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What constitutes a musical scene? Its geography? A conflation of specific musical influences? The physical settings in which it is conceived and performed that shape it, that it reacts to?

Is it lazy journalists' arbitrary way of grouping regional bands together?

Or all of the above?

I've been thinking about this an awful lot of late, because it has been all but impossible not to note some seismic shifts in our own music scene over the past 18 months or so. (More about this much more in the coming weeks.)

There is a desire, if not a downright human need, to group objects and ideas together under a specific rubric, as a way to understand and describe them. In the world of music, this may be even more so the case. Sometimes, this can be close to an artificial construct "grunge," the "Seattle sound," or the "Athens, Ga., sound." There are conceptual flaws in these descriptives does Soundgarden really sound like Screaming Trees, and do either of them really sound like Pearl Jam or King's X?

No, in a word but the genre tags endure because they have a certain utility. Even if the artists themselves don't have much in common, we still know what someone is talking about, generally at least, if they say "the Seattle sound." Annoying, but true.

I fell deeply in love with a new band recently, and in my obsessive need to learn everything I can in short order about bands I've fallen for, I discovered that this particular quartet, known as Syd Arthur, is widely held to be emblematic of "the Canterbury sound." That small-ish city in the southeast corner of England is, in popular parlance, said to be the home of an identifiable strain of progressive music, much of it boasting elements of jazz improvisation and folk instrumentation.

Here's how ProgArchive.com defines "the Canterbury sound:" "Most bands [in the genre] will be found employing a clever fusion of rock rhythms and jazz improvisation with intellectual songwriting and varying strengths of psychedelia," which is groovy and all, but might just as easily describe tenets of the contemporary American jam-band scene.

Perhaps a simple listing of the bands involved offers a more accurate snapshot: Soft Machine, Gong, Caravan, National Health, and Egg number among them. All of these bands emerged from post-"Sgt. Pepper" England to create brave, adventurous, often virtuosic music. They sound only vaguely like each other, though you can indeed tell that they emerged from a specific milieu.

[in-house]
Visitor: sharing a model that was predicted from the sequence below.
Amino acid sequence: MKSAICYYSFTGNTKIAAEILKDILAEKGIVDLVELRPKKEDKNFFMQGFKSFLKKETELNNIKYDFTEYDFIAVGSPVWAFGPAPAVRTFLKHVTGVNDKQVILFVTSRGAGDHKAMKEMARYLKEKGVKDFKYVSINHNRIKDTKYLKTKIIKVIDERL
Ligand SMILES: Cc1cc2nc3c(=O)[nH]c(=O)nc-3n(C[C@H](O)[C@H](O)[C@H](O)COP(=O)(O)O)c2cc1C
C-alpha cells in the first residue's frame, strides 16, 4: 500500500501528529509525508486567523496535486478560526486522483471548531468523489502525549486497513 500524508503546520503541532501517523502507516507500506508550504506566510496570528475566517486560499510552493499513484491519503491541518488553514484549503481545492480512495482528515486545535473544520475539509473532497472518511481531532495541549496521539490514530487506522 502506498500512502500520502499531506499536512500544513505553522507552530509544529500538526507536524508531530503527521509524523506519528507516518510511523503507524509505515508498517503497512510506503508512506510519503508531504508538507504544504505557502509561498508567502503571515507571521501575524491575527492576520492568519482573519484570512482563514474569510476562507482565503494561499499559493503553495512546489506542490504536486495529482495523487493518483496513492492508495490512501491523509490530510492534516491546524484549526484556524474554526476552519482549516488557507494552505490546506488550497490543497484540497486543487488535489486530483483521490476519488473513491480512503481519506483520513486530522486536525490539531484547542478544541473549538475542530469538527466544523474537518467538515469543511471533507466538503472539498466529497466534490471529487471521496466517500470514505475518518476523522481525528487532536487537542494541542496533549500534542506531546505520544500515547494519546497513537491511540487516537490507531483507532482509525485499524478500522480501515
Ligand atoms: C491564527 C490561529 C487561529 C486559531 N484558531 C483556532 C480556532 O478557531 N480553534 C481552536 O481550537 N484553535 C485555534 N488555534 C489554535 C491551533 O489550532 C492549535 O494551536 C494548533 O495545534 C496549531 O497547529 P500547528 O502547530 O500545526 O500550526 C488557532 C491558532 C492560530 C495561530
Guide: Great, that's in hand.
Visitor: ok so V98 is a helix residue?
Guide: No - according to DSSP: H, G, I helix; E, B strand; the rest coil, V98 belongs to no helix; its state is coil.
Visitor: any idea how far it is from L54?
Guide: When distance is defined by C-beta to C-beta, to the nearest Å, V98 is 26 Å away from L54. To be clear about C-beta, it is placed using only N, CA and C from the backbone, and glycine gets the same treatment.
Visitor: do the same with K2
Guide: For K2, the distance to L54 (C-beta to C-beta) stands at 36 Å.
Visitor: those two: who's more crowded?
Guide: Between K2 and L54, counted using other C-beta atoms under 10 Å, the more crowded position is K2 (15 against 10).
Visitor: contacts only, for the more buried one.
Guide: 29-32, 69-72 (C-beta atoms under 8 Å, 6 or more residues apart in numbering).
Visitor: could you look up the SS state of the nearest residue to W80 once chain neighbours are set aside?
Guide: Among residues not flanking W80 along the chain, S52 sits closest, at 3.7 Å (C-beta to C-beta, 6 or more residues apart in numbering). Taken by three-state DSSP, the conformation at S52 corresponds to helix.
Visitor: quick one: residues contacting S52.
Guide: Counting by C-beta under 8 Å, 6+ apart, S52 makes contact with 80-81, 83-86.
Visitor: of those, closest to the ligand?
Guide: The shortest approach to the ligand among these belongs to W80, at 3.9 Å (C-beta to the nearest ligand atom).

Syd Arthur, by comparison, sounds a little bit like each of these bands, but in reality, the group's appeal for me lies in the unique way its members interpret their influences. Listening to the band's full-length debut, "On and On" out now and available through Amazon and iTunes, or through SydArthur.co.uk one is immediately struck by the unusual grooves, unexpected time signatures, the astute musicianship, the use of electric violin and amplified mandolin in conjunction with more standard rock instrumentation.

This description might fit any number of modern prog-rock bands, and indeed, fans of those bands have already glommed onto Syd Arthur. (The band's profile may also have been accelerated by the fact that violinist/mandolin player Raven Bush is the nephew of alternative music icon Kate Bush.)

Yet, tossing this group into the company of, say, Flower Kings or Spock's Beard doesn't make all that much sense. Syd Arthur's music is song-centered, and even if "On and On" boasts the flow of epic songwriting, it is not packed with 15-minute, multipart mini-symphonies. That oft-cited "English whimsy" said to be emblematic of the Canterbury sound isn't really a part of the mix, either.

As befitting the band's name which I'm assuming is a tongue-in-cheek nod to "Siddhartha," by Hermann Hesse or Siddhartha Gautama, the man who would become the Buddha Syd Arthur's sound conjures a general image of spiritual searching through the contrasting of restless musical motifs and more languorous, spaced-out and trippy movements. I hear in this sound a commingling of jam-band/prog-rock from this side of the pond, and the more pastoral, relaxed and blissed-out vibes of early (late '60s) English progressive music.

Most significantly, there's plenty of contemporary alt-rock in the sound, too. Fans of newer bands like Black Mountain, Tame Impala, White Hills, Wolf People and Gnod should find the more musical and musicianly strain of psychedelia and "stoner rock" that Syd Arthur conjures attractive.

Is this sound specifically a byproduct of the guys in Syd Arthur having grown up in Canterbury, in the shadow of Soft Machine, Gong and the like? Who knows? Does it matter? You tell me.

email: jmiers@buffnews.com